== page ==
Story: Jimmy Palmiotti and Amanda Conner Art: Emanuela Lupachino 
Story: 7.5  Art: 8.5 Overall: 7.5 Recommendation: Read

We Talk Starfire With Ema Lupacchino

Ema Lupacchino is slowly taking the comics art scene by storm. She is making her own mark on some classic heroes, and she is back for her second interview with us, after joining us before to discuss Supergirl. This time she talks about her new ongoing gig for Starfire from DC Comics, whose first issue debuted last Wednesday.

ema000Graphic Policy: Starfire is getting her own series for the first time with you as the series regular artist.  What challenges are there for a character that is so common to so many but has never had to hold her own series before

Ema Lupacchino: We’ve got many challenges here – the most important one to me was to make Kori looking beautiful but not oversexualized as she used to be drawn sometimes.  I tried to make her confident and naive. Then we’ve got to build an all new world around her – the city she’s living in, the new characters and the narration that is a bit different from a mainstream superhero book.

GP: What is it like working with Amanda and Jimmy?

EL: They’re both sweet. This my first time working with them and I feel totally comfortable with the structure of the story and the script. Having a good feeling with the writers is a very important thing and they’re so clear and precise that is not so difficult to emphasize with the emotions and atmosphere that they suggest for each character in each scene.

ema005GP: In our previous interview about Supergirl we discussed some of the personal touches that you put on the character’s appearance to make her more feminine. What have you done for Starfire?

EL: Kori’s beautiful and sexy but I tried to push this feeling away from her head.  It’s like she’s so beautiful and attractive but  she actually  doesn’t know that. This way she’s not conditioned by her appeal, she’s just natural and her being natural is sexy itself. It’s not something  induced by impossible or forced poses of her body screaming “Look how sexy I am!”, neither caused by the size of her breasts. It’s the way she acts, smiles or looks at you. People that pass by should be attracted by the scent of her skin. I want this to be my personal touch on her :)

GP: How much did you have to do with the redesign of her costume, and what motivated the new look?

EL: The new costume was entirely designed by Amanda Conner before I started the book, so I just put it on her as it was. I think it’s a smart look for her costume, and more comfortable for her new life.

GP: Have you been to Key West?

EL: I’ve never been to Key West *sigh* ! It’s a WONDERFUL place and I definitively want to see it one day. I love all the tropical places and the exotic atmosphere, so it’s like a party for me drawing Kori living in Key West. You feel like you’re on vacation all the time!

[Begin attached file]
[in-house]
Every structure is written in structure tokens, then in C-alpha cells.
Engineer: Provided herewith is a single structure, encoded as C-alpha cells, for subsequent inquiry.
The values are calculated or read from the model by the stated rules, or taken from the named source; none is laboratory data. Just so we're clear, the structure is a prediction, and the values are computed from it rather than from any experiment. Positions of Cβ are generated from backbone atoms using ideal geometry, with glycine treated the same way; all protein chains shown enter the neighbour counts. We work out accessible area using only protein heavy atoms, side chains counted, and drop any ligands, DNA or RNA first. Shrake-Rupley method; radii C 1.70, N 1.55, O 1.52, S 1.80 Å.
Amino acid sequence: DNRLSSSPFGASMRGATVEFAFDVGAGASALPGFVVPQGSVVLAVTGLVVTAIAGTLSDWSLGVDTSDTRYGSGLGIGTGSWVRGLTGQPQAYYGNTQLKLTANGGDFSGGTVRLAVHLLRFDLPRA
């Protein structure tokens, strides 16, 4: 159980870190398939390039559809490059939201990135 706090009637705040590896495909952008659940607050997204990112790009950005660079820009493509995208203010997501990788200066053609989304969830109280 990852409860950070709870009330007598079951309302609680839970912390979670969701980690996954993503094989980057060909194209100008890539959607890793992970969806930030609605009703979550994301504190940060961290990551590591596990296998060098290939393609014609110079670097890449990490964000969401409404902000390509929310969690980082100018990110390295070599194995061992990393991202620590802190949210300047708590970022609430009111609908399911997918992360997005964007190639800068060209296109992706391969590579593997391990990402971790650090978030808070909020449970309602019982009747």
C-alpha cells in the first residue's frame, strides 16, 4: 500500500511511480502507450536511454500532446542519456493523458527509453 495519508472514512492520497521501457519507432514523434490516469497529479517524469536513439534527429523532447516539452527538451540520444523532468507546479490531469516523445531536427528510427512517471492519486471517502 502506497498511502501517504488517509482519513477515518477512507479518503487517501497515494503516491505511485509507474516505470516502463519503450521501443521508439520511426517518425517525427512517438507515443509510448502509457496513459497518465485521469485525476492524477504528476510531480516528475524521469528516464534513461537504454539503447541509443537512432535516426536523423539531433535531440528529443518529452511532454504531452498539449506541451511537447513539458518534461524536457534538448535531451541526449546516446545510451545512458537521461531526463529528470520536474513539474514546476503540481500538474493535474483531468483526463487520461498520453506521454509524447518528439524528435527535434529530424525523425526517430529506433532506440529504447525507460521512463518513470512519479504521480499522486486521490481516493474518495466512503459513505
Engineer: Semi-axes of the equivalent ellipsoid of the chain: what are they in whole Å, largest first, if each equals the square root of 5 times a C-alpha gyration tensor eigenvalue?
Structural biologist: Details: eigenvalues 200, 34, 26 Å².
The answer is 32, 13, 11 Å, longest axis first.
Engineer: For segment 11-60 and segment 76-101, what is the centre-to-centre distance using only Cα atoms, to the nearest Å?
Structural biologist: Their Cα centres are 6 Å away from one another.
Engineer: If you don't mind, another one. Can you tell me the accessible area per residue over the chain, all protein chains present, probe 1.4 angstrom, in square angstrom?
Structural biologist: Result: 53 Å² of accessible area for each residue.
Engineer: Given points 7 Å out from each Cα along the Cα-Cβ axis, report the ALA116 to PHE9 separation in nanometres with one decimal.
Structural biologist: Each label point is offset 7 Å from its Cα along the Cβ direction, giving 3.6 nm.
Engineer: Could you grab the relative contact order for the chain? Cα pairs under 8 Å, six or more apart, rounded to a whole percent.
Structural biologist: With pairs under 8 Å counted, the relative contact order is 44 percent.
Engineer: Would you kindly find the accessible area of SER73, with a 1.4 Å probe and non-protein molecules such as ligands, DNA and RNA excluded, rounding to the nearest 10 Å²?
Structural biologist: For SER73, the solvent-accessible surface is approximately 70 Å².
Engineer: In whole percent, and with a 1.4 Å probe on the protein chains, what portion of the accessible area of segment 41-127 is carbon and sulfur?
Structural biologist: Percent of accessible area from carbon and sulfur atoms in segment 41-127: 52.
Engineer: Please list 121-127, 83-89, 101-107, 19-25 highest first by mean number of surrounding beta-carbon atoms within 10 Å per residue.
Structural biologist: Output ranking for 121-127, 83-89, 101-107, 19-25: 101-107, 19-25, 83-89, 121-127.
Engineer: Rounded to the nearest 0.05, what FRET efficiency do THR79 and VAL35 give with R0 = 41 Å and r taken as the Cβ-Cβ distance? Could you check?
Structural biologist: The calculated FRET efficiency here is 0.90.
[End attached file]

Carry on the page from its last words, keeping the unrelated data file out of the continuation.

ema002GP: Key West is a pretty common place to live for all the places that Starfire has been to before. Are we going to see some more exotic locations like outer space?

EL: You’re going to see A LOT in general, not only in terms of places :) but yes. You’ll see more beautiful and exotic places (that really exist!).

GP: The series has a more humorous tone than some other series featuring superheroes. How do you capture this in the drawing?

EL: I don’t know. It just comes natural to me. I’m really focused on the attitude and expressions of the characters – I study emotions and gesture a lot on actors and animated movies so I just try to catch the right expression or pose in a specific scene.

I think I know how to handle emotions more than anything else in a comic book but just because it’s spontaneous and I don’t have to think about it so much. Humor is led by a thin movement or expression and if you fail that, the whole scene loses the right tone.

ema003GP: Starfire’s past in the new 52 is complicated as her time with the Teen Titans is not what it once was. Are there any of the former Titans that you would like to see show up here and get a chance to draw? I think for instance that your take on Wonder Girl would be interesting.

EL: Wonder Girl would be interesting, as much as Beast Boy and Raven. They’re both very interesting characters to see in Key West!

GP: How do you decide on the idea for the cover when you draw both the cover and the inner artwork? What works best to capture the idea of what is inside?

EL: Generally the cover shows what a reader will find in the story. So yes, that’s the way we work on the cover. The editor gives me some information about the main plot for a specific issue and we build the cover illustration around what can be the most important scene of the story. Variant covers can escape this rule and sometimes they have nothing to do at all with the story. When you work on the cover you have to give some information about the story without spoiling it too much.

Strange Comic Trends: Another Pair of 38s

The medium of comics is certainly not without controversy, and increasingly lately in the manner in which it depicts women.  It would seem as though the medium has been going through a pretty rapid change in the past year in terms of how to present its female characters, and this is an indication that the medium as a whole is changing.  It is a necessary change as the demographics of readers if changing, and so what is looked for in a female character these days is much more like solid writing as opposed to a revealing costume.  In the past few years there have been a few different developments which have caused fans to voice their concerns for the direction of the medium and its treatment of its female characters.  For instance the alternate cover for Spider-Woman #1 made a lot of readers wonder if there was ever going to be any change, and the comments about feminism and Wonder Woman caused many to raise their eyebrows.